Gold, Fine China, and the Truth About Tarnishing

Have you ever wondered what the word “gilding” means? It’s an ultra-sensitive and very beautiful decorative treatment that turns a surface into gold without actually creating something made of gold.

Gilding generally refers to the liquid gold applied through paint or other techniques to porcelain and other ceramics. The good news is that it looks lustrous and lovely when first applied.  The bad news is that it shows wear when used frequently and is sensitive to its environment. In fact, after working with a recent client an O’Toole-Ewald appraiser found that it doesn't always require heavy usage to cause distress to gilding and that the saying that gold never tarnishes can be disproven.

  Porcelain saucer with gilding

Porcelain saucer with gilding

About 20 years ago the client bought a beautiful bone china set decorated with extensive and intricate gilding. It had been placed in storage and when she recently retrieved it from the box in which it had been resting for two decades she found that the 24 carat gilding had taken on a red/black discoloration. Tarnishing film often looks red or black in appearance depending on what base metal is used, copper or silver respectively. However, it is extremely rare for high carats of gold to tarnish, so this case was at first a bit of a mystery.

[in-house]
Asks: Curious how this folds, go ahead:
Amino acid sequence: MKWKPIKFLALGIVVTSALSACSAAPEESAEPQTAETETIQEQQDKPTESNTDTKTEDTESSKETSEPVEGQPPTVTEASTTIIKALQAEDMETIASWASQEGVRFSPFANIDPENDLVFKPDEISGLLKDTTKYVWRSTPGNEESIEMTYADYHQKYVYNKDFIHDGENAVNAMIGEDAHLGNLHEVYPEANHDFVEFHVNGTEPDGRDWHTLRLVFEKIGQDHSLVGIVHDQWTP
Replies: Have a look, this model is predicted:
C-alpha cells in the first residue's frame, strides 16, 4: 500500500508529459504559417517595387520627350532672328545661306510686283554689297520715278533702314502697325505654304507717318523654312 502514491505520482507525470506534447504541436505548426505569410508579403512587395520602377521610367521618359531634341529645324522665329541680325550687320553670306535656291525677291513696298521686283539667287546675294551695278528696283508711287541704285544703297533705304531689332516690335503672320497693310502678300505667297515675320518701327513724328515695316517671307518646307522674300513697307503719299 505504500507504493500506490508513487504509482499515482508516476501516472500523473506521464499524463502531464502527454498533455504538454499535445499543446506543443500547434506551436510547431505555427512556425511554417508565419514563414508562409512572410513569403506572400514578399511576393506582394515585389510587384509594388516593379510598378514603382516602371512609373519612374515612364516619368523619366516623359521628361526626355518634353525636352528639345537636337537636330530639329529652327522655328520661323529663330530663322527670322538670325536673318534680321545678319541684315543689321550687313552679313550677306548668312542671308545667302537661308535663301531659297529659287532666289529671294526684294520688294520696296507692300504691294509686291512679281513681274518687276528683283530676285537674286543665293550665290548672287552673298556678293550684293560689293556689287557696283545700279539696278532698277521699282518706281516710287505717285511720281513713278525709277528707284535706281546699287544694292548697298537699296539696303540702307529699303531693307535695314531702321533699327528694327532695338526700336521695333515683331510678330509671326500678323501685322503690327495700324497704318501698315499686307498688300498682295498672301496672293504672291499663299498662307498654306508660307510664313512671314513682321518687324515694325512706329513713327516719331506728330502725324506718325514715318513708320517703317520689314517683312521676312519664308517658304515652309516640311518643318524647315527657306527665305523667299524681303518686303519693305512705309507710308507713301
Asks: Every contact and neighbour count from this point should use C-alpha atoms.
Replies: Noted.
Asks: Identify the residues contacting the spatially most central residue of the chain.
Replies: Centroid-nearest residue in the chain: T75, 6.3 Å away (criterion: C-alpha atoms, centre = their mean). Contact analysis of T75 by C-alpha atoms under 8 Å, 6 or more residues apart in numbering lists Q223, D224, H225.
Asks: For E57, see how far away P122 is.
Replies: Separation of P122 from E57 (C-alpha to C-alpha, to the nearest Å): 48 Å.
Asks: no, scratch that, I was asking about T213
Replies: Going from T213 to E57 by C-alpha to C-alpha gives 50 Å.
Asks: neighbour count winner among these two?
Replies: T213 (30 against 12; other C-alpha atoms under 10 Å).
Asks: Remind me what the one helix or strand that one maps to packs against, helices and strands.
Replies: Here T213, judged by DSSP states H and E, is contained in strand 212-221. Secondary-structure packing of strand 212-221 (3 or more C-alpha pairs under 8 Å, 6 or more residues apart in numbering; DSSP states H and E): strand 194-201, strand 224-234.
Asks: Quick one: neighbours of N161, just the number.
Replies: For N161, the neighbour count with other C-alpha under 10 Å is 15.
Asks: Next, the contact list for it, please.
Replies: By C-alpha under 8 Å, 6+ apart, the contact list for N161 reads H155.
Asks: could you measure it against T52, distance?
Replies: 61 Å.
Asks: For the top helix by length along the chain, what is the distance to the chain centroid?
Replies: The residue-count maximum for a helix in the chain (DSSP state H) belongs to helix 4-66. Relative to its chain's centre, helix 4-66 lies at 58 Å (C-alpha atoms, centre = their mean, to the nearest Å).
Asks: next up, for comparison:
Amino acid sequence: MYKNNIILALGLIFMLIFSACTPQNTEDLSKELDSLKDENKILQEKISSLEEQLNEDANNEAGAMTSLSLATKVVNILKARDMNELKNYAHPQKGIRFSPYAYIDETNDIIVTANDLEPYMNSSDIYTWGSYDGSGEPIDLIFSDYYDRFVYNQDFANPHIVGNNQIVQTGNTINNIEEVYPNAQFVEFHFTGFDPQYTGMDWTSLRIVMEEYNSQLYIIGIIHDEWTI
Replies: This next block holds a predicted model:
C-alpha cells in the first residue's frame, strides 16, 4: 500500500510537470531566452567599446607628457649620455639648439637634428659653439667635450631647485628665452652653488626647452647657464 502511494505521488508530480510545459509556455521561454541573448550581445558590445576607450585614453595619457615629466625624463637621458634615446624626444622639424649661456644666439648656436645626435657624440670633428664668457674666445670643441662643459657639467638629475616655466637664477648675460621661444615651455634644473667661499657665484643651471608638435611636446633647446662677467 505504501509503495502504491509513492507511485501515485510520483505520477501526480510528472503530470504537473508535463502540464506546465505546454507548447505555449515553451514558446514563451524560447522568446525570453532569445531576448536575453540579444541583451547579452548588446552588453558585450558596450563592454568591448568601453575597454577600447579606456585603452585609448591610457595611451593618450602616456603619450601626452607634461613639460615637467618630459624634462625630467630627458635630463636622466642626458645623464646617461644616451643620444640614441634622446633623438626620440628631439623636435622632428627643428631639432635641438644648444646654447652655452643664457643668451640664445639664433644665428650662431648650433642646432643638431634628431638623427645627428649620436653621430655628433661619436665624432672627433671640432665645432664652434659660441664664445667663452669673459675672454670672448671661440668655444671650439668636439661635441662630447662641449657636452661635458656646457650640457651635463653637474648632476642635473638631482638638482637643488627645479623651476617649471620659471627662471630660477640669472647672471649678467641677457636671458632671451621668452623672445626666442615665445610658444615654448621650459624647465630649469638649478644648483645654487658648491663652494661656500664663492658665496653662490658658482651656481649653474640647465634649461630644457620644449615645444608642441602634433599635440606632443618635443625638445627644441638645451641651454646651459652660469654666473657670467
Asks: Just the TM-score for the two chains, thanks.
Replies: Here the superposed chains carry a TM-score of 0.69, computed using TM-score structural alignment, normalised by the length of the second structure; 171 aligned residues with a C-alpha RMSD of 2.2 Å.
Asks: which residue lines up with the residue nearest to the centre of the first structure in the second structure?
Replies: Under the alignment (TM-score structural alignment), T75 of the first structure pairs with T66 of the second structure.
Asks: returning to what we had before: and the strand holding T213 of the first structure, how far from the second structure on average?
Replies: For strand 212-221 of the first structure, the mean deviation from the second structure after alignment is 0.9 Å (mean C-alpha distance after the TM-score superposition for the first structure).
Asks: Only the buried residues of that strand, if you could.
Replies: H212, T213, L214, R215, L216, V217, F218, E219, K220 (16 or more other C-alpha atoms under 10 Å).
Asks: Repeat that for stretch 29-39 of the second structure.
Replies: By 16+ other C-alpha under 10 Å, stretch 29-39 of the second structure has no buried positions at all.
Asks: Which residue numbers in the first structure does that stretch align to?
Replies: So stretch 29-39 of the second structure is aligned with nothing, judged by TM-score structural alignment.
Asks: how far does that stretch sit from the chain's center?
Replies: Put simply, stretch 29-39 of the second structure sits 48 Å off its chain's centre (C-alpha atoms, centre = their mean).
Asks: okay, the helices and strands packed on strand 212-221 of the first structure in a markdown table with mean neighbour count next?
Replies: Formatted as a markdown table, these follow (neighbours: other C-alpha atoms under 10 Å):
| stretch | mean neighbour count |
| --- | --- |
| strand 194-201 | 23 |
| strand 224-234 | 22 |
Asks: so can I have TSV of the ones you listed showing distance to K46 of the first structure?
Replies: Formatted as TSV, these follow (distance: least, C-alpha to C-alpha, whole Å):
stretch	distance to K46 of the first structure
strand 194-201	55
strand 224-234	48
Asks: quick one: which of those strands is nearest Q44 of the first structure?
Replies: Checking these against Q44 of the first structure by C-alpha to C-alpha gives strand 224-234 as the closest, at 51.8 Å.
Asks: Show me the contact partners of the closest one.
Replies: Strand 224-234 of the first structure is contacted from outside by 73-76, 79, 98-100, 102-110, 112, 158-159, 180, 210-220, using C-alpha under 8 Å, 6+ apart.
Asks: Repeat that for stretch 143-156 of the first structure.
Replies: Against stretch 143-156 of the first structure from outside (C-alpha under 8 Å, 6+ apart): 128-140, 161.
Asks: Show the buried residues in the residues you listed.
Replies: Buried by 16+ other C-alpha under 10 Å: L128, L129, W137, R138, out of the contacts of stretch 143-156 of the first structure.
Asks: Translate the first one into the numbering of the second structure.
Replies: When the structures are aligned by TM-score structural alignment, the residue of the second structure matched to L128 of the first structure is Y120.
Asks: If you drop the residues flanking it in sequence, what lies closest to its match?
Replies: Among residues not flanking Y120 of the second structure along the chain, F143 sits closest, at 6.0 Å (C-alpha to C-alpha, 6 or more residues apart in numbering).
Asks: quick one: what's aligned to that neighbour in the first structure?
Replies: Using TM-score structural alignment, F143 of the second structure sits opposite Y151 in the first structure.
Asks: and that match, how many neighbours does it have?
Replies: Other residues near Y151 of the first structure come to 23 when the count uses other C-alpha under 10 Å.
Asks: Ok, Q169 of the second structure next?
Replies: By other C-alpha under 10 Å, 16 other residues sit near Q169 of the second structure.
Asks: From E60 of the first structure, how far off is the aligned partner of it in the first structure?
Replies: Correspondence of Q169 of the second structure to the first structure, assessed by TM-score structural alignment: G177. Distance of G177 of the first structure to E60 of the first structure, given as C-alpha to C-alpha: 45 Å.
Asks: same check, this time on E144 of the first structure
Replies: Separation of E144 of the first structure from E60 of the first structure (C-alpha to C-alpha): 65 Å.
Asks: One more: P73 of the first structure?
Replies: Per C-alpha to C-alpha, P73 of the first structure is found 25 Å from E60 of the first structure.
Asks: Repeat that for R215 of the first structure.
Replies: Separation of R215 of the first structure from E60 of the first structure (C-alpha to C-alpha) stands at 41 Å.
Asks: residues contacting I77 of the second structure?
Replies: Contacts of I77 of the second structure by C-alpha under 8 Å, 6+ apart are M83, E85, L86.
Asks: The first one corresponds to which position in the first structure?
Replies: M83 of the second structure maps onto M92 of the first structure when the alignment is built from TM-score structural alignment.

While pure gold is not susceptible to tarnishing, almost all gold is mixed with some small percentage of other alloys, which can be vulnerable to tarnishing would only seen below 14 carats. In some cases 14 and 18 carats or even occasionally higher carats can tarnish, but it is extremely rare in gold as high as 24 carats.

If the base metals, in particular copper or silver, are exposed to corrosive agents, especially sulfur and oxygen compounds, tarnishing is entirely possible. Moisture, perspiration, perfumes, how you wash it, the water in which it is washed and even some foodstuffs can be responsible for the corrosion of gilding. But because the china in this case had never been used, it was unlikely that any of these were the culprits.

Through expertise, persistence and considerable in-depth research, OTE was able to determine the prolonged exposure to the organic sulfur containing compounds in the storage bags, in combination to the oxygen and sulfur in the atmosphere, had caused the gilding to discolor. The damage was determined to be inherent vice resulting from the chemical reaction of the gilding in its storage containers.

 This case is a rarity. In India and the Middle East, especially, there have been more incidents of the tarnishing of higher carat gold, which appears to be a problem more specifically linked to the region. In Europe and North America tarnishing in higher carats of gold is much more unusual. In the past 30 years, there has been only one other instance, filed with the manufacturer of this china, of red and copper discoloration occurring on the gilding. Without the persistent research efforts of OTE appraisers combined with scientific sleuthing, this case may not have been solved.